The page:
After a few more easy stops, I reached Meg’s house. She always tries to give me something: brownies, eggplant, earrings, necklaces, a wooden angel. She won’t take no for an answer. We chatted for awhile and then she showed me her garden, as if for the first time, even through she shows it to me every time I visit her. I don’t mind. I like gardens. Besides, it’s a testament to her strength: 88 years old with a bad leg, she spends hours out in her garden, tending to the tomatoes and zucchini and beans.

“I have something for you,” she said, grabbing my hand and leading me out to the garage.

“Meg, I can’t possibly take anything else from you, you have been more than generous,” I argued.

She opened the garage and presented me with an empty Kmart shopping cart.

“I grabbed this when the store down the street closed. I’ve got no use for it, in fact I have an identical one in the basement.”

I stifled a laugh. A shopping cart? Too bad she didn’t have a job or boyfriend waiting for me in the garage.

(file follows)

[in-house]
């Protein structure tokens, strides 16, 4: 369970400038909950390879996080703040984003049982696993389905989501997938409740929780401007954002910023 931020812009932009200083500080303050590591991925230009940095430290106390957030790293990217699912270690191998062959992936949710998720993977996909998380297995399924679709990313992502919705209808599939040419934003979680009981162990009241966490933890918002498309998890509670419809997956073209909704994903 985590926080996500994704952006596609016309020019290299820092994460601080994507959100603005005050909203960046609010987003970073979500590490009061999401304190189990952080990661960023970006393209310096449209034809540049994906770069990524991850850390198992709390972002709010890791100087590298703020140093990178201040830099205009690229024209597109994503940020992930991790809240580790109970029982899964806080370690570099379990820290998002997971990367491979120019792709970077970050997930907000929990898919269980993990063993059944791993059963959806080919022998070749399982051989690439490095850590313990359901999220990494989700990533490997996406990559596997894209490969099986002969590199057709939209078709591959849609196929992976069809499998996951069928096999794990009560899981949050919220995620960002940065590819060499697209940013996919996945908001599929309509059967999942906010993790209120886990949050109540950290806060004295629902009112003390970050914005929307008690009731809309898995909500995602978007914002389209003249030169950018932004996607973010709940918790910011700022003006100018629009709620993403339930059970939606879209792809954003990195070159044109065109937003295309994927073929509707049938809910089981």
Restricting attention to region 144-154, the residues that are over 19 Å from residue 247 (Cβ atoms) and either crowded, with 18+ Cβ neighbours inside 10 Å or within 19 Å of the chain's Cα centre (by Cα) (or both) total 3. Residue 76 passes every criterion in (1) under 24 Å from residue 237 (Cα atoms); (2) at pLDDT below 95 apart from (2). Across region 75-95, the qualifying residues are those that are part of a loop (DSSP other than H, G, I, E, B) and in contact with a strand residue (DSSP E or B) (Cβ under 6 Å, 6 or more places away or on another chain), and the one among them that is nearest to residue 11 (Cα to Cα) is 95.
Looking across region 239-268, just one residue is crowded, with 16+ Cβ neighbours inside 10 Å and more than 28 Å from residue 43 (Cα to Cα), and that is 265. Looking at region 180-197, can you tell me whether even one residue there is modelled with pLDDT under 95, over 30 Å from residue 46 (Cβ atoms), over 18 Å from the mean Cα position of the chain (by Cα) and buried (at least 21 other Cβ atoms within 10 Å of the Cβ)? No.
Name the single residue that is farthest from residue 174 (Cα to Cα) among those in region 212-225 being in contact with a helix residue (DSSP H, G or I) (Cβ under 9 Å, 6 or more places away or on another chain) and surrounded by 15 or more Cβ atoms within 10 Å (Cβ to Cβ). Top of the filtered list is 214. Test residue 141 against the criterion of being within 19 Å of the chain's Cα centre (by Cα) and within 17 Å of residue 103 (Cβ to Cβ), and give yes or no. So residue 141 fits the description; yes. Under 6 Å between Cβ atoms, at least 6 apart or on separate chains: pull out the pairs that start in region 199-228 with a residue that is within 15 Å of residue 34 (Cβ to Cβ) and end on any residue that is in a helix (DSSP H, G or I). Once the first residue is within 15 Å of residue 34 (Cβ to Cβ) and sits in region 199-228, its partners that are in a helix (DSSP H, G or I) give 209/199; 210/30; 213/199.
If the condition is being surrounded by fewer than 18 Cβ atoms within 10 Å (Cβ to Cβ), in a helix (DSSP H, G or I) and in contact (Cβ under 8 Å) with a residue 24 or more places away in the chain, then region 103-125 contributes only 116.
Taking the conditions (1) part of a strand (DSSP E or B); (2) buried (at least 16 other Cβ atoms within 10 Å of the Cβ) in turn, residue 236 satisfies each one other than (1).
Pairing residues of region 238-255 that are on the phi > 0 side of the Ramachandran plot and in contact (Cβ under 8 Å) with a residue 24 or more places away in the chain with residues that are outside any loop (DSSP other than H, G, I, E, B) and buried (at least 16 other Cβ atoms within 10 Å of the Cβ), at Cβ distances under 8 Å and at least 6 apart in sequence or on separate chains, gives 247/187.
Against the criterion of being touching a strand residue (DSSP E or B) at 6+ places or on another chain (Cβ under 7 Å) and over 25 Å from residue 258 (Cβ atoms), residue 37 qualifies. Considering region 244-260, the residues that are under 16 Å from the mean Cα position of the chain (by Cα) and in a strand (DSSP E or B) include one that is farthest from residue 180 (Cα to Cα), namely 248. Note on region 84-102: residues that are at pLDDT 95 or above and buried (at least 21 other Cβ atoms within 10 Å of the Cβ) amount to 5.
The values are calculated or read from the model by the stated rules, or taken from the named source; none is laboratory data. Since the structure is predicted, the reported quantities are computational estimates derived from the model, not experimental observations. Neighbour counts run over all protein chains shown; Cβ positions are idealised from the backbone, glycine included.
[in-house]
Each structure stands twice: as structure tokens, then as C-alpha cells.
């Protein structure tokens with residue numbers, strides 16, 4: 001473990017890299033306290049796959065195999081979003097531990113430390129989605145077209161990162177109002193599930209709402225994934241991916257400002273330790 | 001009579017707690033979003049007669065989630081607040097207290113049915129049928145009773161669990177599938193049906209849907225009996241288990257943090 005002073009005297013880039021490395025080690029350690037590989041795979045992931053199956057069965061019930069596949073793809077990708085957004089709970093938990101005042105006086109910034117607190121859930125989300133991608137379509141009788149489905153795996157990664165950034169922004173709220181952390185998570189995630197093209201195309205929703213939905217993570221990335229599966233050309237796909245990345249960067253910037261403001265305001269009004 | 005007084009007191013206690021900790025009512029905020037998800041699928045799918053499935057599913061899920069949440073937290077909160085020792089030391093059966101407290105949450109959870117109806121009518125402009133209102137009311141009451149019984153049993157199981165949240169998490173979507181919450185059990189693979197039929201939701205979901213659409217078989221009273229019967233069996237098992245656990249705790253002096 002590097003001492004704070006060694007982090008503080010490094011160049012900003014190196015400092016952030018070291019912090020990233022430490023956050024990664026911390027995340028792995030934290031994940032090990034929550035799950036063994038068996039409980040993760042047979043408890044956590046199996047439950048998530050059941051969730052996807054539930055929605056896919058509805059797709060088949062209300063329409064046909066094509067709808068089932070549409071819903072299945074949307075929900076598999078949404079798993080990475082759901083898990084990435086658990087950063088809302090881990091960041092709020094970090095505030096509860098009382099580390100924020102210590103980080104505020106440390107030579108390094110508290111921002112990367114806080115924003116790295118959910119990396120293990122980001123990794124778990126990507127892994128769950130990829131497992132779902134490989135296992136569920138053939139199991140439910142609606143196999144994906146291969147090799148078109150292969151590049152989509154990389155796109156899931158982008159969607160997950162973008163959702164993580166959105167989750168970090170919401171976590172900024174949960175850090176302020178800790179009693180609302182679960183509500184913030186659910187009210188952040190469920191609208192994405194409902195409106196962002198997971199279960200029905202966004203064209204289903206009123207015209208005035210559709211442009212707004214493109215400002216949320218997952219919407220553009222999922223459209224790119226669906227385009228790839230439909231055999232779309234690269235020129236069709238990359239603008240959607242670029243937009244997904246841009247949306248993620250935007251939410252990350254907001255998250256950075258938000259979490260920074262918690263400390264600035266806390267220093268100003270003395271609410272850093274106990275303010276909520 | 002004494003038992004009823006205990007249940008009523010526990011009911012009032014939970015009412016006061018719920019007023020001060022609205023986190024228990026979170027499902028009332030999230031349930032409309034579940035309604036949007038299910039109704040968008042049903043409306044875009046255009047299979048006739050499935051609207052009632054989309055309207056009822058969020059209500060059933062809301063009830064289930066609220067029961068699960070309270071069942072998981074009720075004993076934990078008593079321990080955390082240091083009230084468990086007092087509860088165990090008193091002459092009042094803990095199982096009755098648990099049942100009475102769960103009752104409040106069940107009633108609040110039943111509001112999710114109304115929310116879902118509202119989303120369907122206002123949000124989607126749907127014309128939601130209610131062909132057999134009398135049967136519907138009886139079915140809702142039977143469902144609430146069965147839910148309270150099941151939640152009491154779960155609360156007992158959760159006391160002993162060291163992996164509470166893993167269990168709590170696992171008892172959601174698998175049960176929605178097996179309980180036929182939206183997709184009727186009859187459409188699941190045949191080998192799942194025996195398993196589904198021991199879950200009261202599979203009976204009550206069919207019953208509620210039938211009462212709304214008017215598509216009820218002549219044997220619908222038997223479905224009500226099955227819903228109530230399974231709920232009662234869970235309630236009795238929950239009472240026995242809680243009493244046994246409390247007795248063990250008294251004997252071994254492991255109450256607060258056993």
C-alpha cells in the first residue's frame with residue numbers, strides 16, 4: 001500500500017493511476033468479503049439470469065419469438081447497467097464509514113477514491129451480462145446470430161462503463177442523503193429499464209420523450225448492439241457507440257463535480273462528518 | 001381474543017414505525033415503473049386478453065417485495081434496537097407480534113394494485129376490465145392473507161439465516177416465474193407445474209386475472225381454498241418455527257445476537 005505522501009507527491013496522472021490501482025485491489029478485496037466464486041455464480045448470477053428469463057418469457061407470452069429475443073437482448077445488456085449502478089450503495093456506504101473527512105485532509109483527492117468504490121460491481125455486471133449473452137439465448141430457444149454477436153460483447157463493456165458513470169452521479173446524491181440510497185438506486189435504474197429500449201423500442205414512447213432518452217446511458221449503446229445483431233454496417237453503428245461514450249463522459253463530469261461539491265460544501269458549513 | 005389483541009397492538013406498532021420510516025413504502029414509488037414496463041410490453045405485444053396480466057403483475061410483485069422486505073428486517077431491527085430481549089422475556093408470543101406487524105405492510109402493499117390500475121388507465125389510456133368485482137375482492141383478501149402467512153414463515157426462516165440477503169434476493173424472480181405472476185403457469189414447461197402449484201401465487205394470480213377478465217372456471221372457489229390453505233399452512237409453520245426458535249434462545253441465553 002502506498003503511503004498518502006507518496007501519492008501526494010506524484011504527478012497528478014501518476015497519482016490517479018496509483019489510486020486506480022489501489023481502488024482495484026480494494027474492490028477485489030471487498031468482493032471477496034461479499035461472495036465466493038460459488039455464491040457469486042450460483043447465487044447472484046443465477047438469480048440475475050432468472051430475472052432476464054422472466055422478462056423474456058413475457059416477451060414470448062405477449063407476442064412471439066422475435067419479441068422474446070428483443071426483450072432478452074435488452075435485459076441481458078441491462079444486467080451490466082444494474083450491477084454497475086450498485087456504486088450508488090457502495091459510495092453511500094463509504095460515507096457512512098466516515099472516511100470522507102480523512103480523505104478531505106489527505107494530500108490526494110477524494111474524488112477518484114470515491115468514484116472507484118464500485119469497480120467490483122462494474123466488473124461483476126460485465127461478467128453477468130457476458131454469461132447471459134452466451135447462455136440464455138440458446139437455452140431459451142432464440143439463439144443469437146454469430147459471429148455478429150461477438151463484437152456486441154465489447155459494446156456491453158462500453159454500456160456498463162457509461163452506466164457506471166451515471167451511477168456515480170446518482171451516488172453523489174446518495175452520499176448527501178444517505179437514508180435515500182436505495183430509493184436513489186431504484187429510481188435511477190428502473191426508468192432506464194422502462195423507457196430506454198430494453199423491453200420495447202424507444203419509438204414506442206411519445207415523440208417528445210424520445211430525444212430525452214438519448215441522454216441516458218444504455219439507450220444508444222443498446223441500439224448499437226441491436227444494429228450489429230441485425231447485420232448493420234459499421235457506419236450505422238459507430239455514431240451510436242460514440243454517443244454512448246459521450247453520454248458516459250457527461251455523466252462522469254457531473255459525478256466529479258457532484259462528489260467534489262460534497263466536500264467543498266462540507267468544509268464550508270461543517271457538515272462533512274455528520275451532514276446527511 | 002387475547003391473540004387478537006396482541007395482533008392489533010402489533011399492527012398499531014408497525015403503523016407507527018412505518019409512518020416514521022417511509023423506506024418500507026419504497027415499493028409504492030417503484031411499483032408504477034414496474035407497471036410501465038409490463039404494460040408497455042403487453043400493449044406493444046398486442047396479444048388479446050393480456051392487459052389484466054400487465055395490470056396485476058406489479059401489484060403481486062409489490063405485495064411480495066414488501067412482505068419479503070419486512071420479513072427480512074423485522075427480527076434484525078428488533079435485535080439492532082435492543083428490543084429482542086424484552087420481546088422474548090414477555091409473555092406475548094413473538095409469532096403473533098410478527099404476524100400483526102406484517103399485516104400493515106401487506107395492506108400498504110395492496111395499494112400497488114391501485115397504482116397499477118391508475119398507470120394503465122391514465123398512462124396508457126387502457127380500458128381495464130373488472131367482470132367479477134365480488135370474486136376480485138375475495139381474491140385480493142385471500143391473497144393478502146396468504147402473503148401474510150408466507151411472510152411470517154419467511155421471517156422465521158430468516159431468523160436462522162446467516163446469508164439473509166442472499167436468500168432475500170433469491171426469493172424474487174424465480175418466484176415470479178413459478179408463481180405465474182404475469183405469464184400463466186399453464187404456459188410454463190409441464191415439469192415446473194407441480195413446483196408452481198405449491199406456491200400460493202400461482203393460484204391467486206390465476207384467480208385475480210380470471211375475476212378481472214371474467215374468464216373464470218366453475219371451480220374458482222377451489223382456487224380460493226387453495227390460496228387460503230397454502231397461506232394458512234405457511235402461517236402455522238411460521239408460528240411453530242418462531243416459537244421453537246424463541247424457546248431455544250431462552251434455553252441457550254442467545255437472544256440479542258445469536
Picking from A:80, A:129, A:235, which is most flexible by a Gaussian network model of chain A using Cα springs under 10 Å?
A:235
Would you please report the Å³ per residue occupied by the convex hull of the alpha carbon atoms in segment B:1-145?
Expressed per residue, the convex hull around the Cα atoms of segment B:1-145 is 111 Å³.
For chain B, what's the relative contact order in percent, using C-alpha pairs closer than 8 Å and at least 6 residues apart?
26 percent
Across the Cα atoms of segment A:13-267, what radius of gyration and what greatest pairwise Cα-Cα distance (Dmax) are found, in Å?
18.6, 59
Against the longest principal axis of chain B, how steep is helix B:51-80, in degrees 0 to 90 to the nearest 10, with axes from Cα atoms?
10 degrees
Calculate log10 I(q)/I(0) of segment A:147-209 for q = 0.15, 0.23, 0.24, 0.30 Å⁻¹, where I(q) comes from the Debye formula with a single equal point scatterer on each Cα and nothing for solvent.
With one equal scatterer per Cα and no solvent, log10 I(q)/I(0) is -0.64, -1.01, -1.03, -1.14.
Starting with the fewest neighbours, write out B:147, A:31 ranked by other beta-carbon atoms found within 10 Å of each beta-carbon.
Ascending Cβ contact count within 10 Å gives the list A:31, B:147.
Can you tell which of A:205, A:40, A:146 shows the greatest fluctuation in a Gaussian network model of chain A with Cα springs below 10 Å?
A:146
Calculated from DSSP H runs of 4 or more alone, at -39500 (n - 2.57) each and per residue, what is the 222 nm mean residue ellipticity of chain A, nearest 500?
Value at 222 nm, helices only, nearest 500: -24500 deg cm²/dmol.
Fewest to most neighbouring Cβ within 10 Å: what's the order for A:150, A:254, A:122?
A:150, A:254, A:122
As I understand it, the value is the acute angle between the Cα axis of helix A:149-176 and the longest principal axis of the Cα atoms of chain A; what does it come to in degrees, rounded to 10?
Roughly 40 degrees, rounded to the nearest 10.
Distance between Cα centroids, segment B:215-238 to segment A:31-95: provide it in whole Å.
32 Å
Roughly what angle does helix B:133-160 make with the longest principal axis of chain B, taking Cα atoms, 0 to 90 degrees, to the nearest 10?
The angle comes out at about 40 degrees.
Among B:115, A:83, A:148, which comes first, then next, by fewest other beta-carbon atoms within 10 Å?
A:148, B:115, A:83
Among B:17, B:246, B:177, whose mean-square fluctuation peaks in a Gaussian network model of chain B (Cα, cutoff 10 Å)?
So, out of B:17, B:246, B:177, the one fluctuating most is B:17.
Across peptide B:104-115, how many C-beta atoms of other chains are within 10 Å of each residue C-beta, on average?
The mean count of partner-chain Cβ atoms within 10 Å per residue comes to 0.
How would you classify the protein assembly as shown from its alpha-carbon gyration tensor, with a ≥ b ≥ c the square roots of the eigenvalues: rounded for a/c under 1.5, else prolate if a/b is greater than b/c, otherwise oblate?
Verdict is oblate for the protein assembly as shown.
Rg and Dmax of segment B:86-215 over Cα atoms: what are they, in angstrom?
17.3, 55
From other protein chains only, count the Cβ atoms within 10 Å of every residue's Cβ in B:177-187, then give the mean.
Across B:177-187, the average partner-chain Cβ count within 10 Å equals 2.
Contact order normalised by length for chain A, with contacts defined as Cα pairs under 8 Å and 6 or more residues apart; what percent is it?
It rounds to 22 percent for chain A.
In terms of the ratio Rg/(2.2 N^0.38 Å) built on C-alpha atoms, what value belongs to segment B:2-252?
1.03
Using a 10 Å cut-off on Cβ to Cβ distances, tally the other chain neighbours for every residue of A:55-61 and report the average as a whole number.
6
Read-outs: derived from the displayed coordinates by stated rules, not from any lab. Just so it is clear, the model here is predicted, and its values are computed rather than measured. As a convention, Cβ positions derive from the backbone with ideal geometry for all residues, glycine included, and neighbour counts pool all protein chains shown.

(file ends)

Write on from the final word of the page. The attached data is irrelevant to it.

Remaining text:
“Meg, you are so sweet. I can’t possibly take this. I live on the third floor, in a 500 square foot apartment.”

She signed resignedly and said okay. I hugged her and walked down the driveway giggling to myself. “See you next week,” I shouted over my shoulder.

As the morning rolled by, I visited with two other of my favorites, and managed to coax another one of the clients outside her door. She usually leaves the door open just wide enough for me to slip the food through. Victory.

My better self finally emerged, due in no small part to the welcome mat that always seems to be put out for me. Whether I visit with these people or am left with a cooler (but no person) to deliver to, I feel welcome, needed, maybe even loved.

However, my day wasn’t over yet. On an afternoon walk with my dog, I would find out that the welcome mat doesn’t exist in some people’s lives; instead they seek to treat others like doormats. These days, I prefer actively stepping over the threshold of the welcome mat, not being the passive doormat. And the Cruella De Vil who tangled with me yesterday afternoon was met with my better, non-doormat self’s smart mouth and a sense of new-found confidence.